Take what you need, and leave what you can—that’s the concept behind the growing movement of community fridges popping up in cities across the U.S. Since the COVID-19 pandemic has been increasing the pressure on individuals struggling with food insecurity, communities have turned to mutual aid as an important source of relief. Mutual aid is a form of volunteer-run community organizing that helps provide those in need with goods and assistance. Community fridges are a simple form of this, allowing those with more than they need to redistribute their resources to those who may not be able to buy food. Some organizers are using the fridges as an opportunity to offer healthy vegan food to their community by asking for meat-, egg-, and dairy-free donations.
Here are some vegan community fridges and vegan-friendly mutual aid networks that you can use or support:
Overthrow Community Fridge (New York City)
New York City’s first all-vegan community fridge is located outside the Overthrow Boxing Club. Since it opened in February 2021, the community has kept it stocked with fresh produce, vegan cheese, vegan milk, and other staples. The organizers also set up a wooden pantry next to the fridge for shelf-stable items such as bread, rice, cookies, pasta, and canned goods.
Community Fridge SATX (San Antonio)
Community Fridge SATX offers fresh produce, nonperishables, canned goods, vegan meats, vegan milk, and personal-care products, all of which are donated by local businesses and individuals.
DaVillage Pop Up Shop (Charlotte, North Carolina)
Founder Shamelle Jackson organized the DaVillage Pop Up Shop in an effort to provide low-income families in her community with healthy food options during the pandemic. One of the DaVillage community fridges is fully vegan and stocked with produce, tofu, prepared vegan meals, and more.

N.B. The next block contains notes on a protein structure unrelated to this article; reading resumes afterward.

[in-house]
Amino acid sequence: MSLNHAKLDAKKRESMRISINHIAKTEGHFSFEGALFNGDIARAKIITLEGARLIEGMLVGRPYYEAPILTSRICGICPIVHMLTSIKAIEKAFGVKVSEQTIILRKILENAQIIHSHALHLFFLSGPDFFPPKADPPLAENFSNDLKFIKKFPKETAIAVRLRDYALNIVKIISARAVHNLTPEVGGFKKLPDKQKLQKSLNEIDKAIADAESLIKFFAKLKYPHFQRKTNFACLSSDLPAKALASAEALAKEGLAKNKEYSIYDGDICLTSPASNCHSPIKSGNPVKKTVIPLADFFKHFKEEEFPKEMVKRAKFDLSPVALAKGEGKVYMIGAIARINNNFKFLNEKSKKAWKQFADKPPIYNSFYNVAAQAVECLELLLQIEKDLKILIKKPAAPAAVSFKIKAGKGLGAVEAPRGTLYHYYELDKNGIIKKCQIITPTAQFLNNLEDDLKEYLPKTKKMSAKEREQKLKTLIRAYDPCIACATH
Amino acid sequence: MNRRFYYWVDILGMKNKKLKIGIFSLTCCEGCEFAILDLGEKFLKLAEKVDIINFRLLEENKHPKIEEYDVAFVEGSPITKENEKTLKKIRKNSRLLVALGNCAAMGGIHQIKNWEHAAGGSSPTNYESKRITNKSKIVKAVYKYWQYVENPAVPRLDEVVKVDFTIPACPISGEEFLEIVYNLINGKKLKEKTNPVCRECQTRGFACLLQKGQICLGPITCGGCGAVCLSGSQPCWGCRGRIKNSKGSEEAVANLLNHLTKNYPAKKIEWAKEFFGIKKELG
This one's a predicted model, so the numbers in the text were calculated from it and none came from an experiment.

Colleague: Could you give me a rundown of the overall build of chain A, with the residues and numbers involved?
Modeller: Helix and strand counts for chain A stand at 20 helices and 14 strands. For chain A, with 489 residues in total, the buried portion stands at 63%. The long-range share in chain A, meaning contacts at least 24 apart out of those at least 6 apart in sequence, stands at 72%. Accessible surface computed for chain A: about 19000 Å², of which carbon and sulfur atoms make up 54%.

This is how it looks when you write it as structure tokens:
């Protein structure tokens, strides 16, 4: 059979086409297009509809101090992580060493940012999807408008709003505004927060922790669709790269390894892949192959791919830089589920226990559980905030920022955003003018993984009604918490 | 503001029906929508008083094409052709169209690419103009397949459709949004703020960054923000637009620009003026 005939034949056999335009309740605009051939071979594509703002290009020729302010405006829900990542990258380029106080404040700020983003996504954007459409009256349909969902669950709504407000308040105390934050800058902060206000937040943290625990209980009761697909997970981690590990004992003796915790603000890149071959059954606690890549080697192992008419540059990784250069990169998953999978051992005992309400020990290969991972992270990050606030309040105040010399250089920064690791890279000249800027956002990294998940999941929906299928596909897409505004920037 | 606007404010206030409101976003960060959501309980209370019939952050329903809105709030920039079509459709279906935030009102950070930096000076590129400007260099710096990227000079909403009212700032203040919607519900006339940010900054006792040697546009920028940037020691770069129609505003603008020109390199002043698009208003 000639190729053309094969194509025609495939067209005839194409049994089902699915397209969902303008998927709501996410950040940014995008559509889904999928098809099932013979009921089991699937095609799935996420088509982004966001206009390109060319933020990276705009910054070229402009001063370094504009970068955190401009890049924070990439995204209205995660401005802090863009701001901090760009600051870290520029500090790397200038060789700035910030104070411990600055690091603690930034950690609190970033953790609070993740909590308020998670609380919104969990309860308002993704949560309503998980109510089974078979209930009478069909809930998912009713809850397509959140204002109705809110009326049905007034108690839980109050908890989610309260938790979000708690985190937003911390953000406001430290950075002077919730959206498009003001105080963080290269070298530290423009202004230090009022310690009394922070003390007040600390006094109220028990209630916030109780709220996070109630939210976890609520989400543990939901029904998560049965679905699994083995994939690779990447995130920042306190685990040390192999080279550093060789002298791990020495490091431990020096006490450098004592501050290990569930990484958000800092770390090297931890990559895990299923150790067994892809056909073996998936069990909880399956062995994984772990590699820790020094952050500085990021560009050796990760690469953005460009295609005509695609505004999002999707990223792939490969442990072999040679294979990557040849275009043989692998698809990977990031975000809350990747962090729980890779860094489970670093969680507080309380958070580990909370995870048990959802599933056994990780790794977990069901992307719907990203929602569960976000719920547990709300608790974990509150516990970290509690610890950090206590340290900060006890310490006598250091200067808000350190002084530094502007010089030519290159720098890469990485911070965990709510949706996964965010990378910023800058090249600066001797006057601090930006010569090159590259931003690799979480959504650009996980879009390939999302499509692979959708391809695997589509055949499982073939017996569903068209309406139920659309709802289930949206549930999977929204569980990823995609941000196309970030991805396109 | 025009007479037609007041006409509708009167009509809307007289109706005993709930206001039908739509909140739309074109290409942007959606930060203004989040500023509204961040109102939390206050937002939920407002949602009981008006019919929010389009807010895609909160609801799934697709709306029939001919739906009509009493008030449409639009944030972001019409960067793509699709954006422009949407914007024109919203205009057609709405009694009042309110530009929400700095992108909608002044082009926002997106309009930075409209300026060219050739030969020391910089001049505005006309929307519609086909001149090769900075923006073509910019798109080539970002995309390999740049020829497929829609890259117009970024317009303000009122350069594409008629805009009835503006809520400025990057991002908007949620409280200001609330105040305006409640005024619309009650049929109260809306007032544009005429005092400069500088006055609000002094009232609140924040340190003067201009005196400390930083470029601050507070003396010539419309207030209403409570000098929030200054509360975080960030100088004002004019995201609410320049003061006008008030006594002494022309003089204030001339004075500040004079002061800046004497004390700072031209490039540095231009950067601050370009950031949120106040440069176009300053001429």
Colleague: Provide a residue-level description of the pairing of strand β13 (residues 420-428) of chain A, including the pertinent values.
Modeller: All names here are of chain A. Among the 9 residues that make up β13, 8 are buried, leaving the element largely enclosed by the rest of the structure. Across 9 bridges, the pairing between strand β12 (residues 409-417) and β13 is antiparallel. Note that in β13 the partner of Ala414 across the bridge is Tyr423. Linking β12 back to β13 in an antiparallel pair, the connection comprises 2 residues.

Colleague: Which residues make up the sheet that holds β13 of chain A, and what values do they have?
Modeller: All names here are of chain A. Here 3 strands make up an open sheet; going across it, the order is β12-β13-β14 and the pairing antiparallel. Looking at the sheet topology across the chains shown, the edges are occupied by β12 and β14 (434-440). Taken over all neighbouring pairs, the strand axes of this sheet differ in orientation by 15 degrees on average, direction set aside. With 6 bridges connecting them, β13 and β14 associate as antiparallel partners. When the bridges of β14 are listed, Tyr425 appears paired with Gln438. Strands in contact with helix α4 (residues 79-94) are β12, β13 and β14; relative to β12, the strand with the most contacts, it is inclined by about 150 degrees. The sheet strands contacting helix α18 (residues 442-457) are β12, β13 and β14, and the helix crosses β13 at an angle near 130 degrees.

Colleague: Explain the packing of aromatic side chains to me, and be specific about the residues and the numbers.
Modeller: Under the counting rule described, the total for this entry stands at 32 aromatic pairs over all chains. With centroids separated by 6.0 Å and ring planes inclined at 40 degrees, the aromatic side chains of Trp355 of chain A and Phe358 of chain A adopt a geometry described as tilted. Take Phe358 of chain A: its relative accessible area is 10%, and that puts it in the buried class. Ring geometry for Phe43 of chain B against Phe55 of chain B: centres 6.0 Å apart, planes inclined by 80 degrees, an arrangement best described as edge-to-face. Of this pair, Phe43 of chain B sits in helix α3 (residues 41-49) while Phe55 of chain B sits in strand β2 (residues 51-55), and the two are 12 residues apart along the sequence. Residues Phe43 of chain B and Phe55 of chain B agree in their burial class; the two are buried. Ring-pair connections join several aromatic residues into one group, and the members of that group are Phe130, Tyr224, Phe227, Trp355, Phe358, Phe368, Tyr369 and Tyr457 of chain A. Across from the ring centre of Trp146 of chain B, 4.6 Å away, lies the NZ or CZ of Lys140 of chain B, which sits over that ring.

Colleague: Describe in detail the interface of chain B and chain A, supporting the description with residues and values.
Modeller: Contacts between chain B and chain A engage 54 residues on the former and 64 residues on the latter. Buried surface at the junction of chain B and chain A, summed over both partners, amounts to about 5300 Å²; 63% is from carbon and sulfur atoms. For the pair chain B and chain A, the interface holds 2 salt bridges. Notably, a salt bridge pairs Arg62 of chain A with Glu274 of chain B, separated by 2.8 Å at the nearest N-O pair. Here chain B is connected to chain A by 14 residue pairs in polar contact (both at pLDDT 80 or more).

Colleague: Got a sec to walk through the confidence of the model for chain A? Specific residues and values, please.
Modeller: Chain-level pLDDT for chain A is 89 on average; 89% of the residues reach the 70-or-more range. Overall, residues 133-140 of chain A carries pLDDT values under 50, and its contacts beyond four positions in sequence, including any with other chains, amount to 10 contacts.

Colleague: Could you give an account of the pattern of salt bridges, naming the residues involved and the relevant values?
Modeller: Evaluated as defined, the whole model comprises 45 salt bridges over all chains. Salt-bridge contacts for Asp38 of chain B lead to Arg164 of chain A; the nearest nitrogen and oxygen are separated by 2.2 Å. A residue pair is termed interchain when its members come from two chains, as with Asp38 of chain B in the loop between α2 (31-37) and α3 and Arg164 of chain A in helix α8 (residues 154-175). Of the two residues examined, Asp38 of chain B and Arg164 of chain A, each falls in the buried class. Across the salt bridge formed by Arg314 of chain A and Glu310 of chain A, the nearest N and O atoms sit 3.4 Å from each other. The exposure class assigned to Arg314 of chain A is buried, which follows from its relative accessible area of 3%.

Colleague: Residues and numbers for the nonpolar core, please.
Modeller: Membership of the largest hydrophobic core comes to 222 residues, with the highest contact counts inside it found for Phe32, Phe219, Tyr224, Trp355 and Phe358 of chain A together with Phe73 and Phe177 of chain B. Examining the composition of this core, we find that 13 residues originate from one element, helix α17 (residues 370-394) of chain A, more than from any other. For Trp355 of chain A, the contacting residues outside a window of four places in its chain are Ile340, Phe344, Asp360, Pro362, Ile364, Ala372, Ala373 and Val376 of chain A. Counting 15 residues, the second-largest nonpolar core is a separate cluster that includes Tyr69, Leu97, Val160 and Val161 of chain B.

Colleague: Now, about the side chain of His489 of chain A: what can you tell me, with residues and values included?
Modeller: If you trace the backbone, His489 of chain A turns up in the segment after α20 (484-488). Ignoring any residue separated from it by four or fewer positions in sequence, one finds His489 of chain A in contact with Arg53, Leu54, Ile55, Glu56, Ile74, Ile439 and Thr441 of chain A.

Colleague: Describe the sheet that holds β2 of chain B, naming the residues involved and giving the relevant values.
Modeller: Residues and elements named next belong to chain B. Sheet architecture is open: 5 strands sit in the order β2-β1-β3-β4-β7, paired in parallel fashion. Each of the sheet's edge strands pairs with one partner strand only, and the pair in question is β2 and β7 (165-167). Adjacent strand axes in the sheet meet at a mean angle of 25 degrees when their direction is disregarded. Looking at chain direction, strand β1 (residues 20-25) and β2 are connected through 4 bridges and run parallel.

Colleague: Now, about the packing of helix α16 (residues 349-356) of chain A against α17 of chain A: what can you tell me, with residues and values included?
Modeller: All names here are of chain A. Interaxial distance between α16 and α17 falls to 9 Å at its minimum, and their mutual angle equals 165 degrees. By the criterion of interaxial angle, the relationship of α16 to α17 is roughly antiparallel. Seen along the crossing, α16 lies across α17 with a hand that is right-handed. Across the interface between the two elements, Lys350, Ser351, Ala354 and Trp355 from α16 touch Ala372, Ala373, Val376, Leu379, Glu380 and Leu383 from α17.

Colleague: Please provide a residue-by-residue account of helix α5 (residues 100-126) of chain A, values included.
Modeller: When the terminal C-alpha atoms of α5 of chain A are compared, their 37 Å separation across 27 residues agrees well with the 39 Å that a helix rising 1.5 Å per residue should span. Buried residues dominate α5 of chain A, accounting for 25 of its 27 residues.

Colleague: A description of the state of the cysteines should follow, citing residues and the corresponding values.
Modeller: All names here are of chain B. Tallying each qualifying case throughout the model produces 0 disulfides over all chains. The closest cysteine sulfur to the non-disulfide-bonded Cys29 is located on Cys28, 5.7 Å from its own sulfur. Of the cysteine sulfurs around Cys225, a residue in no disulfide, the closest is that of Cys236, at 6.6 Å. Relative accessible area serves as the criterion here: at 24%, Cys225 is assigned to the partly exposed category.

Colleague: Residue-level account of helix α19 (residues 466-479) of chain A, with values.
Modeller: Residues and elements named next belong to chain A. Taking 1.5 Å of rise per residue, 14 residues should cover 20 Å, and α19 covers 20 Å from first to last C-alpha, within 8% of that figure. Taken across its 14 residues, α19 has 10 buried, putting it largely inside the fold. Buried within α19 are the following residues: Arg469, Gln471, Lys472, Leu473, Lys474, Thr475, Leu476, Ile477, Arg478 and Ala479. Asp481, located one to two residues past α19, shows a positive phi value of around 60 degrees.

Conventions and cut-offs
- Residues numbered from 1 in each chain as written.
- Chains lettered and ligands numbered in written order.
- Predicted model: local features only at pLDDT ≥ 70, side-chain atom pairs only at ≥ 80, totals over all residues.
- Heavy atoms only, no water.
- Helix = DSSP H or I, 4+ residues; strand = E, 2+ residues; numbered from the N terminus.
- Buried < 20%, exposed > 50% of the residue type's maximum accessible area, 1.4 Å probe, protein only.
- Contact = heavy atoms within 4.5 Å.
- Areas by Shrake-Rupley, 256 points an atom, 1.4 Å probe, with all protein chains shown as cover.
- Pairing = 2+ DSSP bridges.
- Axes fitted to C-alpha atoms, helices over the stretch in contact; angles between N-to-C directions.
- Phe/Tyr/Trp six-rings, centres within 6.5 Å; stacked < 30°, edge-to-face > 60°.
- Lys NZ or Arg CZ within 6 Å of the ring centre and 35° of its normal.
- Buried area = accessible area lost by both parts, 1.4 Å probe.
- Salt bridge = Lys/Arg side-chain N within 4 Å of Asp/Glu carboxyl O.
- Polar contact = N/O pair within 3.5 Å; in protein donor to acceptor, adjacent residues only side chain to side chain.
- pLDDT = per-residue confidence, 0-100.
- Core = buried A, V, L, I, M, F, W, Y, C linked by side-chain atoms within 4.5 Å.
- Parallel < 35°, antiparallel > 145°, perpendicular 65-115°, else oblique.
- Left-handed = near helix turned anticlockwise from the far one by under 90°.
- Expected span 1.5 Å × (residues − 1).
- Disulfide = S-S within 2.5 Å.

SF/Bay Area Mutual Aid Support (San Francisco)
This Bay Area mutual aid network helps provide the city’s most vulnerable with low-waste vegan care kits. If you live in the area and want to volunteer to prepare some vegan meals, here’s how you can sign up.
ABQ Mutual Aid (Albuquerque, New Mexico)
ABQ Mutual Aid receives food donations from local restaurants, stores, and farmers to redistribute to those in need in the Albuquerque area. Since the start of the pandemic, the group has been putting together weekly food boxes for families, and with the help of Animal Protection of New Mexico, it has made vegan boxes available as part of that service.
Food Not Bombs DTLA (Los Angeles)
The downtown Los Angeles branch of Food Not Bombs is a mutual aid organization that serves weekly vegan meals to the houseless community and redistributes nonfood donations of toiletries, clothing, and other goods.
Food Not Bombs Isla Vista (Isla Vista, California)
Another branch of Food Not Bombs, this Isla Vista, California, group serves healthy vegan meals made with fresh produce that would otherwise go to waste.
How Can I Set Up My Own Vegan Community Fridge?
The tips below can help you start a vegan community fridge in your area. Be sure to ask for vegan donations only—that means no meat, eggs, dairy, honey, or any other animal-derived items or ingredients. Consider placing a bookshelf next to your fridge so that people can leave canned goods, spices, and other nonperishable items that don’t need to be refrigerated.
Why Vegan Mutual Aid?
The goal of mutual aid organizing is to create a community based on equality and compassion. To achieve that, animals should also be taken into consideration. Additionally, vegan food is often less expensive, healthier, and better for the environment. To learn more about the benefits of going vegan, check out our guide: